Tuesday, March 12, 2013

It's Awesome time!

Since I've been feeling somewhat better(since my doctors got my meds straight and I've been eating better), I've had more energy for working out.  I may look like a couch potato, but I knows my workouts, and most of the workouts that are recommended are either too easy or too hard for someone like me.  For example, I've got pretty strong muscles in some groups, compared to other people; some isolation exercises are easy as pie for me. But I've been deconditioned for so long that for me, I'm extremely weak- most importantly, my core and the muscles that tie it all together are weak, so that compound and bodyweight exercises are tough.

Anyway, I invented a program for myself called Awesome!  I start out every day with some Awesome Walking.  Then, I alternate days between Awesome Workouts and Awesome Yoga.  I finish up with some more Awesome Walking later in the day.  I'm wondering about working in Awesome Dancing, although maybe I should give it a while.  To be fair, I will be taking every fourth week off from the workouts, so maybe some dancing would fit in there.  Rest time is very important here; I can't afford to stress out my body excessively or hurt myself.  So just three days a week and every fourth week is a rest week.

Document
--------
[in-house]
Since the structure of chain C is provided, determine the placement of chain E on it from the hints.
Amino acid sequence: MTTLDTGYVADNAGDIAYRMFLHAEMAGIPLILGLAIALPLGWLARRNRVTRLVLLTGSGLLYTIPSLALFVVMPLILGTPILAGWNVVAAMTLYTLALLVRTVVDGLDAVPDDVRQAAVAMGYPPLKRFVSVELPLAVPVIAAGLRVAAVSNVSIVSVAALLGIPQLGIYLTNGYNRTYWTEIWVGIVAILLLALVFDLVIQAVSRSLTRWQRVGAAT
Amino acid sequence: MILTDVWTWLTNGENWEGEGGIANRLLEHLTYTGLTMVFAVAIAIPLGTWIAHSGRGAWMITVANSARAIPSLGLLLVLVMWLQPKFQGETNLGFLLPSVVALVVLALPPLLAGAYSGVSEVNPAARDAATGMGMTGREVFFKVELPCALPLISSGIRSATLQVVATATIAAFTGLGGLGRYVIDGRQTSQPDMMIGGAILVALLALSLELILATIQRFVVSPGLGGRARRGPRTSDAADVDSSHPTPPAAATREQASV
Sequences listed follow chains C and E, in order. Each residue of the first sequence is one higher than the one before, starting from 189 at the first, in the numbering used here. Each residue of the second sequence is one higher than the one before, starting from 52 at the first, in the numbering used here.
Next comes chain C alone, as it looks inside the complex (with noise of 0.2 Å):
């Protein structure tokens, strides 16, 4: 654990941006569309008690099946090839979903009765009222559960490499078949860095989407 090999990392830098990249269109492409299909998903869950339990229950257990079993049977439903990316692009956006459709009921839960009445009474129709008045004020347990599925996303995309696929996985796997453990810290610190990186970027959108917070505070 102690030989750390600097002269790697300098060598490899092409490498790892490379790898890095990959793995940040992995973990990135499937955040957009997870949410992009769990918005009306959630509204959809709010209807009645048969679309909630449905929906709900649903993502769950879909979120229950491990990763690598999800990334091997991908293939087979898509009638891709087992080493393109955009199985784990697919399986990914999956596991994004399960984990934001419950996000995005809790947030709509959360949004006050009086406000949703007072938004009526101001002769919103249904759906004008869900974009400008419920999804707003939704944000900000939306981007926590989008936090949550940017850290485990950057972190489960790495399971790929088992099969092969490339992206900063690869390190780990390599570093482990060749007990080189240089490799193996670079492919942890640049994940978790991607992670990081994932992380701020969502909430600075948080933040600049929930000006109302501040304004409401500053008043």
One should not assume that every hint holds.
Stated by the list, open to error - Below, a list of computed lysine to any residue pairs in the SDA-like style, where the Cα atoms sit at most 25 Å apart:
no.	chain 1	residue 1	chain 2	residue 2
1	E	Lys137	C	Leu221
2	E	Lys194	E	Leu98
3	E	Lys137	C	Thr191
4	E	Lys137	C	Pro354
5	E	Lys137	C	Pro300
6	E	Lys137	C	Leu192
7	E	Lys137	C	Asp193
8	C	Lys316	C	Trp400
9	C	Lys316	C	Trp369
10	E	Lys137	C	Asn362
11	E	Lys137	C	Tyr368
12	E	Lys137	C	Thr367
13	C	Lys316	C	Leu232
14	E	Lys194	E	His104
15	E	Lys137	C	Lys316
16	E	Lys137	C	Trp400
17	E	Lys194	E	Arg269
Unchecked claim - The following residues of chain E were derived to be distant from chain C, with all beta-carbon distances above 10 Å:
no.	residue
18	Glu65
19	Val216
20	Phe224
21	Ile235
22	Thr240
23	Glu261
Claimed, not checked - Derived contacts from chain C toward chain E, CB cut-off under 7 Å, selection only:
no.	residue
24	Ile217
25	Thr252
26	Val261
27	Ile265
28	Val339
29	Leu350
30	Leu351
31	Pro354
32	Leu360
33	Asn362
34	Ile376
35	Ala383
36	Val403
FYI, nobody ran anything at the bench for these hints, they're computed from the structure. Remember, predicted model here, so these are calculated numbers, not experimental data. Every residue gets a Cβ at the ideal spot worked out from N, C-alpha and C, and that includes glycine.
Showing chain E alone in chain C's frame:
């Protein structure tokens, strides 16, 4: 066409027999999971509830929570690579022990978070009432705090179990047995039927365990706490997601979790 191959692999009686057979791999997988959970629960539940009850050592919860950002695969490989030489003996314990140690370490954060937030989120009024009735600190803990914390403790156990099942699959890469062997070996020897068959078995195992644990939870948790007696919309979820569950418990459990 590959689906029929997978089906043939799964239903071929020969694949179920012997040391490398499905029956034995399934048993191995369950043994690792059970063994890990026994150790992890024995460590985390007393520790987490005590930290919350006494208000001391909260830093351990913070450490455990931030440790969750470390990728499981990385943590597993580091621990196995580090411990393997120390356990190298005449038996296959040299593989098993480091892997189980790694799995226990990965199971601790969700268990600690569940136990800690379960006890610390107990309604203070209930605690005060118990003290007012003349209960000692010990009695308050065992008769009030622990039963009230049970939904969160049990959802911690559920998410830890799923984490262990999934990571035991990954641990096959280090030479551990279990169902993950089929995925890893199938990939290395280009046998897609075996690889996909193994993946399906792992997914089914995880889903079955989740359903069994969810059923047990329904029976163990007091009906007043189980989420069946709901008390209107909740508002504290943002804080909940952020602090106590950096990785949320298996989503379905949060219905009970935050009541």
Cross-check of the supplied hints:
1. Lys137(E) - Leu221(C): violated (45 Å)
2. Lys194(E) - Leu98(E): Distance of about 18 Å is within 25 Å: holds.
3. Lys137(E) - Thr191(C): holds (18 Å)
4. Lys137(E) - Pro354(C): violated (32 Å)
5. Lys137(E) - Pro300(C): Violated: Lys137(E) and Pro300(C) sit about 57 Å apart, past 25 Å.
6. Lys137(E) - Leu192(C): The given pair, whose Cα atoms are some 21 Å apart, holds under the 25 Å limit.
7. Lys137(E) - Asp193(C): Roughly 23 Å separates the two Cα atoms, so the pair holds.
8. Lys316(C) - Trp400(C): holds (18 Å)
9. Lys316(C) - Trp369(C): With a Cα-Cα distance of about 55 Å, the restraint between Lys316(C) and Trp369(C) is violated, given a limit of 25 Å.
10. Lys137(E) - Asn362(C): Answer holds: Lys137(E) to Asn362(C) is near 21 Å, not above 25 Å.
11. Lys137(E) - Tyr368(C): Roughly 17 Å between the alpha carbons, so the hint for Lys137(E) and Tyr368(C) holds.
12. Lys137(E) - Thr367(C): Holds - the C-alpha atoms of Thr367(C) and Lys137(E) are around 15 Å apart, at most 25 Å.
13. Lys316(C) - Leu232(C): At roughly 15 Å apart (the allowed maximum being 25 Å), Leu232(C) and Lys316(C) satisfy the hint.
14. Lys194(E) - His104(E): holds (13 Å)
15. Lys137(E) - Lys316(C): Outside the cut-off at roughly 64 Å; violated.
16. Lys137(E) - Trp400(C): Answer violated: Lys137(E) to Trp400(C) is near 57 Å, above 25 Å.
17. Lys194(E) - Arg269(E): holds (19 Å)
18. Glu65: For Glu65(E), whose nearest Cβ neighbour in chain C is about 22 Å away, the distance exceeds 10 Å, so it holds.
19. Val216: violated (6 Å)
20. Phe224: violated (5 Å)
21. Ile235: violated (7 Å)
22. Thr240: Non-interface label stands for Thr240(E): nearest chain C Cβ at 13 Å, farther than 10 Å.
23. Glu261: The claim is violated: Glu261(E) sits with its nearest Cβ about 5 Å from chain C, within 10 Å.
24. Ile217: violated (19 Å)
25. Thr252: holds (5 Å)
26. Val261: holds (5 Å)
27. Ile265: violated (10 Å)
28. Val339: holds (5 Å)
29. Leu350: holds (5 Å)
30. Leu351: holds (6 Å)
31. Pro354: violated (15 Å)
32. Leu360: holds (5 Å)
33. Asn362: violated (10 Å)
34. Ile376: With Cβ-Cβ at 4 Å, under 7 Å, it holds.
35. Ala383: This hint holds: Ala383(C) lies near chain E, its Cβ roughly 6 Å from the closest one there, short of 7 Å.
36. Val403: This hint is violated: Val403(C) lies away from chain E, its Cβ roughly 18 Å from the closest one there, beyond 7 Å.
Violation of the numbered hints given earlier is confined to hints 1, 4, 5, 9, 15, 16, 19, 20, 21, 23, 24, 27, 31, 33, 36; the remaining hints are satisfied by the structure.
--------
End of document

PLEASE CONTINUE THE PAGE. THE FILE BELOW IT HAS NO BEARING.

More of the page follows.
This is the system I came up with for doing the workouts and alternating them without getting too confused.  I made up a list of essential exercises that work the whole body, starting with basic exercises likes pushups, pullups, squats and plank and including lots of core and hip strengtheners, since I have back and hip pain regularly.  So I'll do these essential exercises each time, always looking to reach a goal; once that's reached, I'll move the goalposts.

There are also lots of other fun exercises that work all sorts of muscles, and I made them into a deck of cards. Every time I'll pick a new exercise from the deck and incorporate it into the routine.  All these exercises, essential and otherwise, require little or no equipment and are mainly bodyweight, compound exercises that hit a number of areas.

For the yoga portion, I also created my own yoga practices in lieu of trying to keep up with someone else's ideas.  The yoga is focused on gentle, restorative stretching and strengthening without the strong focus on putting on muscle that the workouts have.  I do have the goal of getting back to where I used to be in yoga: comfortable swinging into down dog from a forward bend, intimately familiar with my feet.  But, concurrently I have the goal of accepting myself where I am.  Lots of gentle backbends and twists.

Anyway, that's where I am with working out these days!  I'm looking forward to hiking and swimming more in the warm weather.  I'm on a medication that has caused an unnatural weight gain, and I don't know if I can or need to lose the weight per se, but building muscle and being more active will certainly make me feel better!

What about you?  Where are you with moving these days?

“Paleofantasy”: Stone Age delusions

“Paleofantasy”: Stone Age delusions - Salon.com:

'via Blog this'